Industry efforts to reduce the amount of salt in foods are unlikely to work to reduce salt consumption to levels backed by public health advocates, according to new research that suggests salt intake is regulated by the body’s needs rather than by the food supply.
The Danish and US researchers said that population-wide salt reduction programmes are based on the idea that salt intake is greater than physiological need, and therefore, can be reduced and maintained at a lower level. However, their latest research backs earlier findings that salt intake is regulated in the brain, and has remained stable within a relatively narrow range over the past 50 years, regardless of ethnicity or changes to the food supply.
The World Health Organisation (WHO) recommends a maximum daily salt intake of 5 g – equivalent to about 2,000 mg of sodium – but three-quarters of the world’s population consumes at least twice this amount, according to 2010 data .
Published in the American Journal of Hypertension , this latest study used review data of sodium intake measured by urine analysis from 45 countries, involving more than 69,000 participants over five decades. It found that average sodium intake ranged from about 2,600–4,800 mg a day (6.5 g - 12 g of salt).
“Thus, our analysis indicated that there is a “normal” range of human sodium intake defined by physiology and biological needs and not by the food supply,” the researchers wrote. “…No matter how well intended, public policy simply cannot alter a physiologically set parameter.”
They added: “It is reasonable to conclude that a normal range for human sodium intake exists. If future guidelines are to be effective and feasible, they must be based on that scientific reality.”
‘Limitations of available evidence’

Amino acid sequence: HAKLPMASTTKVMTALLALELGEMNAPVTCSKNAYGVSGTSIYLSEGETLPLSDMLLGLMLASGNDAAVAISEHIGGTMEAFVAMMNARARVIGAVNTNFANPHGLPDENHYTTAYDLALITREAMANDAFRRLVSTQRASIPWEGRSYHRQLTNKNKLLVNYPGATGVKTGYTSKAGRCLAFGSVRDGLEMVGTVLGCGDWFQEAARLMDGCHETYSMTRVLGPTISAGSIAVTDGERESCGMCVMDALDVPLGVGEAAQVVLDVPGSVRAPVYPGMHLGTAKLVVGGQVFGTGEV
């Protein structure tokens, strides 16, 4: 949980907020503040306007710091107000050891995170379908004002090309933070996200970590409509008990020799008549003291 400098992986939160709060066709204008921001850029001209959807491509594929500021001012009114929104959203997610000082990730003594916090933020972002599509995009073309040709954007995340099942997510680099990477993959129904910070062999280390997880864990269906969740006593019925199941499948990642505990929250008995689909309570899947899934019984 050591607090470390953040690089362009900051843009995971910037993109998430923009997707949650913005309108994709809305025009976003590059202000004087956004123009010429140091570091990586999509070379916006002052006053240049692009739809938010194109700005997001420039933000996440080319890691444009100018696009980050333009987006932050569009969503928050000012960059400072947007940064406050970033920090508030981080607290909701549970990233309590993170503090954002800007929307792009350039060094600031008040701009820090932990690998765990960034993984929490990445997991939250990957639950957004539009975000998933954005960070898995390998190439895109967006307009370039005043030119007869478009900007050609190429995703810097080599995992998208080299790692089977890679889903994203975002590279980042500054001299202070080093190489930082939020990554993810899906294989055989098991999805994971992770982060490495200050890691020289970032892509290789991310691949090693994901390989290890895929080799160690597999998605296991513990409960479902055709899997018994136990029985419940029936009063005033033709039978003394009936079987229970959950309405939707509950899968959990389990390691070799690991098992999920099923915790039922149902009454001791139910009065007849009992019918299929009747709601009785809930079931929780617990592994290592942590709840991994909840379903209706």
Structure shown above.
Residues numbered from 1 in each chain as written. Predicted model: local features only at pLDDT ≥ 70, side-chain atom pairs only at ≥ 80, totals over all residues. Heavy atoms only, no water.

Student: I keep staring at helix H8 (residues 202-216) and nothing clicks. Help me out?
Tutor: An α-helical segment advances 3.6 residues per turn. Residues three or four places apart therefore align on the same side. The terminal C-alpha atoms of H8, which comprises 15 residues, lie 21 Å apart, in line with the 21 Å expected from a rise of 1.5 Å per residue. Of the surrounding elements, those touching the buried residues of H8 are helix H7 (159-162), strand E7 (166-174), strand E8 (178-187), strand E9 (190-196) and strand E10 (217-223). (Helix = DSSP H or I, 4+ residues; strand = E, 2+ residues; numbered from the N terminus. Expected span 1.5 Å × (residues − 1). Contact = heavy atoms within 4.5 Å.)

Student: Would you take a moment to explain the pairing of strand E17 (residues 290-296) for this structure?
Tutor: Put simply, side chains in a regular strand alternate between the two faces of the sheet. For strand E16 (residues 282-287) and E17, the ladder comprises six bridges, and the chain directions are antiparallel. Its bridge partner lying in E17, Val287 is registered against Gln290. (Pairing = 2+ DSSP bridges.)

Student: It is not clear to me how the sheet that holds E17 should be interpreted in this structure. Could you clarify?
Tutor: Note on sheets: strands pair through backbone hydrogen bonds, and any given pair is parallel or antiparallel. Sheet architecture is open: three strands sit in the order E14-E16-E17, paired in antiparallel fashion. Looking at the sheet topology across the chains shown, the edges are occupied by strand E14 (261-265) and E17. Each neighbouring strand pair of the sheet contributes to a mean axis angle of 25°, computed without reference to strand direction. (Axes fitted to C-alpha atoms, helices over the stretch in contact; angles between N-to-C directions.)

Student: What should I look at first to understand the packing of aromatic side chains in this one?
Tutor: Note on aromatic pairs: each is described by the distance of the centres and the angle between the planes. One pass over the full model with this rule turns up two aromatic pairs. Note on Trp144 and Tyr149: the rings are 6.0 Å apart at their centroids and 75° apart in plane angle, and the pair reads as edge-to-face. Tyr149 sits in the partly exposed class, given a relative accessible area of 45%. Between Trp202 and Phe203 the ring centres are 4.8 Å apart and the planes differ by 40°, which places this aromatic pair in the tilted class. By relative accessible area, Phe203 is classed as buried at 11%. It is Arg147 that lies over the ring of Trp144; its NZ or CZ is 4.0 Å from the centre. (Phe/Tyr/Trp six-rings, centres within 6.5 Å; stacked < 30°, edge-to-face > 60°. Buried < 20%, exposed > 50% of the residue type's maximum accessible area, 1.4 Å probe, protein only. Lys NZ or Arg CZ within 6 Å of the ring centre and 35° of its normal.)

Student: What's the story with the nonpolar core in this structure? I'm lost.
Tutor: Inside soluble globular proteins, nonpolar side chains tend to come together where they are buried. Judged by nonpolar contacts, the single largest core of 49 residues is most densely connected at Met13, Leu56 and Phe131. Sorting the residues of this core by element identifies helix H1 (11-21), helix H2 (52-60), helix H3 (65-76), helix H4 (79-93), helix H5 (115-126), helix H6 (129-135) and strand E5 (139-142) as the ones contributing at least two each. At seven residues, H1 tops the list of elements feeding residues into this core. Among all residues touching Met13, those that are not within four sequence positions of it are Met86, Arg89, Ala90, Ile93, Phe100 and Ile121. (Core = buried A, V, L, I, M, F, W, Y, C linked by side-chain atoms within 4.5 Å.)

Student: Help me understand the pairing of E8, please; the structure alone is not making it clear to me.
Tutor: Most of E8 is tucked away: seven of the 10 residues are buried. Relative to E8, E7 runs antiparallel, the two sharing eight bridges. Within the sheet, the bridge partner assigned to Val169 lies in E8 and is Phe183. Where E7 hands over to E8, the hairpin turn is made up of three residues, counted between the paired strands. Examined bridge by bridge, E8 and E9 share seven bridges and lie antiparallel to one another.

The study’s authors presented their findings to the US Institute of Medicine, which responded with a report titled Sodium Intake in Populations.
It says: “Sodium Intake in Populations recognizes the limitations of the available evidence, and explains that there is no consistent evidence to support an association between sodium intake and either a beneficial or adverse effect on most direct health outcomes other than some CVD outcomes (including stroke and CVD mortality) and all-cause mortality.”
The IOM committee said it was not its role to define the normal range of human sodium intake. Therefore the report did not define ‘excessive’ or ‘inadequate’ intake.
The study’s authors claim that these latest findings, combined with those of an earlier 2009 study , support the idea that the brain controls human appetite for sodium, as has been demonstrated in other vertebrates that tend to regulate sodium intake within a narrow range.
However, they acknowledge that patients with high blood pressure may indeed benefit from “moving from the higher end of this normal intake range to the lower end”, although they added that clinical trials would be needed to assess effectiveness.
Source: American Journal of Hypertension
Published online ahead of print doi: 10.1093/ajh/hpt139
“Normal Range of Human Dietary Sodium Intake: A Perspective Based on 24-Hour Urinary Sodium Excretion Worldwide”
Authors: David A. McCarron, Alexandra G. Kazaks, Joel C. Geerling, Judith S. Stern and Niels A. Graudal